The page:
Both present and past participles are used in participial phrases.
Example using a present participle:
Im Garten spielend, sang das Kind.
Playing in the garden, the child sang.
Example using a past participle:
Immer an die Musik interessiert, ging der Student oft in die Oper.
Always interested in music, the student went to the opera often.
Note that the participle is functioning (and is located in final position) as if it were the main verb in a subordinate clause. Here’s how you could diagram the syntax of the above participial phrases:
Predicate (a prepositional phrase): im Garten
Predicate (a prepositional phrase): an die Musik
Which is modified by an adverb: immer
This highlights a fundamental reading skill: how to mentally re-order German phrases so that they make sense to you in English. The various verb tenses covered in this unit all require you to look for a participle as marking the end of a phrase, and then to work backwards from that participle in order to find the object or predicate of the phrase. In the two examples above, see the pattern of word-order shifts between the German and English renditions of the participial phrases. You will find this re-ordering skill useful throughout this course.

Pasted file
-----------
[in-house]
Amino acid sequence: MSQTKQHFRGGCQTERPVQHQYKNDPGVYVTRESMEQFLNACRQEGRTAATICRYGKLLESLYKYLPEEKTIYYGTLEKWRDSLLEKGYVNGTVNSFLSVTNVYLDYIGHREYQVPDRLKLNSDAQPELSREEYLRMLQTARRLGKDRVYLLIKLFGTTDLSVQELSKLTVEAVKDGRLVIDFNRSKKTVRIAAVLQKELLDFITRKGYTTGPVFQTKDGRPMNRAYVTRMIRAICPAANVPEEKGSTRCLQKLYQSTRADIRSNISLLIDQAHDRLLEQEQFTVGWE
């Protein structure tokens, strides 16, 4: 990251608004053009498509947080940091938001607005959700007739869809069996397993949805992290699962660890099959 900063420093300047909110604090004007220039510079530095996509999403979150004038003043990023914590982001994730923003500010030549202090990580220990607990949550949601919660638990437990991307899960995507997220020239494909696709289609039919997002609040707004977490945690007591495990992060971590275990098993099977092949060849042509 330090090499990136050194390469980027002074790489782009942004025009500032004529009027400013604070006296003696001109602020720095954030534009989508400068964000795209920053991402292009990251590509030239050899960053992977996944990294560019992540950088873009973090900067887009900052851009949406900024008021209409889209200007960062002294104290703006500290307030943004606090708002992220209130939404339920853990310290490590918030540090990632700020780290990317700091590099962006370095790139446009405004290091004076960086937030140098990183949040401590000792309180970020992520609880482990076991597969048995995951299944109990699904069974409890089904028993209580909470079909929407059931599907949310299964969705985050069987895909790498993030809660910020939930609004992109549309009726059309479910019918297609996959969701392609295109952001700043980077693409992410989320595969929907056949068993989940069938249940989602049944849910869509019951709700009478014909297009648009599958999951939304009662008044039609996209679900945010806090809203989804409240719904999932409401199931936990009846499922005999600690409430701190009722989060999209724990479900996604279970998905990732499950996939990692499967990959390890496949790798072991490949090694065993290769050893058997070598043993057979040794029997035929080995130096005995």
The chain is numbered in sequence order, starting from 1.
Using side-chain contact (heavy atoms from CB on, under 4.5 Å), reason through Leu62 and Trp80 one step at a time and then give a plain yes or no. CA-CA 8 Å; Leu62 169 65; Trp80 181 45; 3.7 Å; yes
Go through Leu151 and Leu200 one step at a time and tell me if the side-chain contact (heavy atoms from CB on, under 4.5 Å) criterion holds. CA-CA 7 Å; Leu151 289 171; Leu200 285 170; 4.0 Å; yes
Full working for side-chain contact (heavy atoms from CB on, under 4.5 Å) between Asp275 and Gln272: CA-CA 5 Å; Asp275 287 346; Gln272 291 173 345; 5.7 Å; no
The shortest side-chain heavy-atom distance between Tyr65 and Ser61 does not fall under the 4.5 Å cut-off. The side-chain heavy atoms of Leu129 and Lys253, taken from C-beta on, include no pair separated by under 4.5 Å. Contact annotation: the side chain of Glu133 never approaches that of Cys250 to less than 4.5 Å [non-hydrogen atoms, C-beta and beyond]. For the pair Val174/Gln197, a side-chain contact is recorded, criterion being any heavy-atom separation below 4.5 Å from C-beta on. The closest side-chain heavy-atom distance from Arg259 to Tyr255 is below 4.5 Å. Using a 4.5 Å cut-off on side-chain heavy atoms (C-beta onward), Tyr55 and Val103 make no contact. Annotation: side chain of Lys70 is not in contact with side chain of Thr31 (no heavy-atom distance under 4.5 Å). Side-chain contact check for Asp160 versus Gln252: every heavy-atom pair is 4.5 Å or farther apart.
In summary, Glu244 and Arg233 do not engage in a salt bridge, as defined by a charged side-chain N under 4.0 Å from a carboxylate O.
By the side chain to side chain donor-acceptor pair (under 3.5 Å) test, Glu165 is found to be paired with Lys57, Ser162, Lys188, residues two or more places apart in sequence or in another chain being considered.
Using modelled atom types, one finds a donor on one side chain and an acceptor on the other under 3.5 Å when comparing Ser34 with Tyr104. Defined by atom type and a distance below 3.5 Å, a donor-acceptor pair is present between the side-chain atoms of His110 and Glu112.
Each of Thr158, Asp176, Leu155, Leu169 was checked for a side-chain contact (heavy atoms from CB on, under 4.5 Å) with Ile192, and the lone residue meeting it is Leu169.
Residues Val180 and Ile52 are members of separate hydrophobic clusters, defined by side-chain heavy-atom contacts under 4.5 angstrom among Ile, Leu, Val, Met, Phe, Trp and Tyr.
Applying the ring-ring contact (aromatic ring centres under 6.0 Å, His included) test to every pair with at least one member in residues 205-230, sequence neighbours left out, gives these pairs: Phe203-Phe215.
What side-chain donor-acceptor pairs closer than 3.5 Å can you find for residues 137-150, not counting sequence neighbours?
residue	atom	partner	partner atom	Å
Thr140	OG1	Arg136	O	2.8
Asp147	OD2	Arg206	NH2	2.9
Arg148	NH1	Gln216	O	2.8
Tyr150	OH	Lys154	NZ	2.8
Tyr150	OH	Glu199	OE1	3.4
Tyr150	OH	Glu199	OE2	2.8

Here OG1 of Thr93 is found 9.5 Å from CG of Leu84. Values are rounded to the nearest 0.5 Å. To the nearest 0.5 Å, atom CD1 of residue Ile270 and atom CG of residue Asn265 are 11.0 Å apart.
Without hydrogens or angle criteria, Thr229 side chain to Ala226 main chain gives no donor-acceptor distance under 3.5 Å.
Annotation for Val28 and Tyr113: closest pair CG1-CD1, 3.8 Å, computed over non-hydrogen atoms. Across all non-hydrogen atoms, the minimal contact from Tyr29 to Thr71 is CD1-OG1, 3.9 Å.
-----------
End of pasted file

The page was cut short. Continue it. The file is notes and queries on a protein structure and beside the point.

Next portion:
Try solving this more complex example yourself:
Sein Handy in der linken Hand noch am Ohr haltend, reicht mir Thomas seine rechte Hand.
Diagram of the participial phrase:
Object: sein Handy
Prepositional phrase: in der linken Hand
Prepositional phrase: am Ohr
Which is modified by an adverb: noch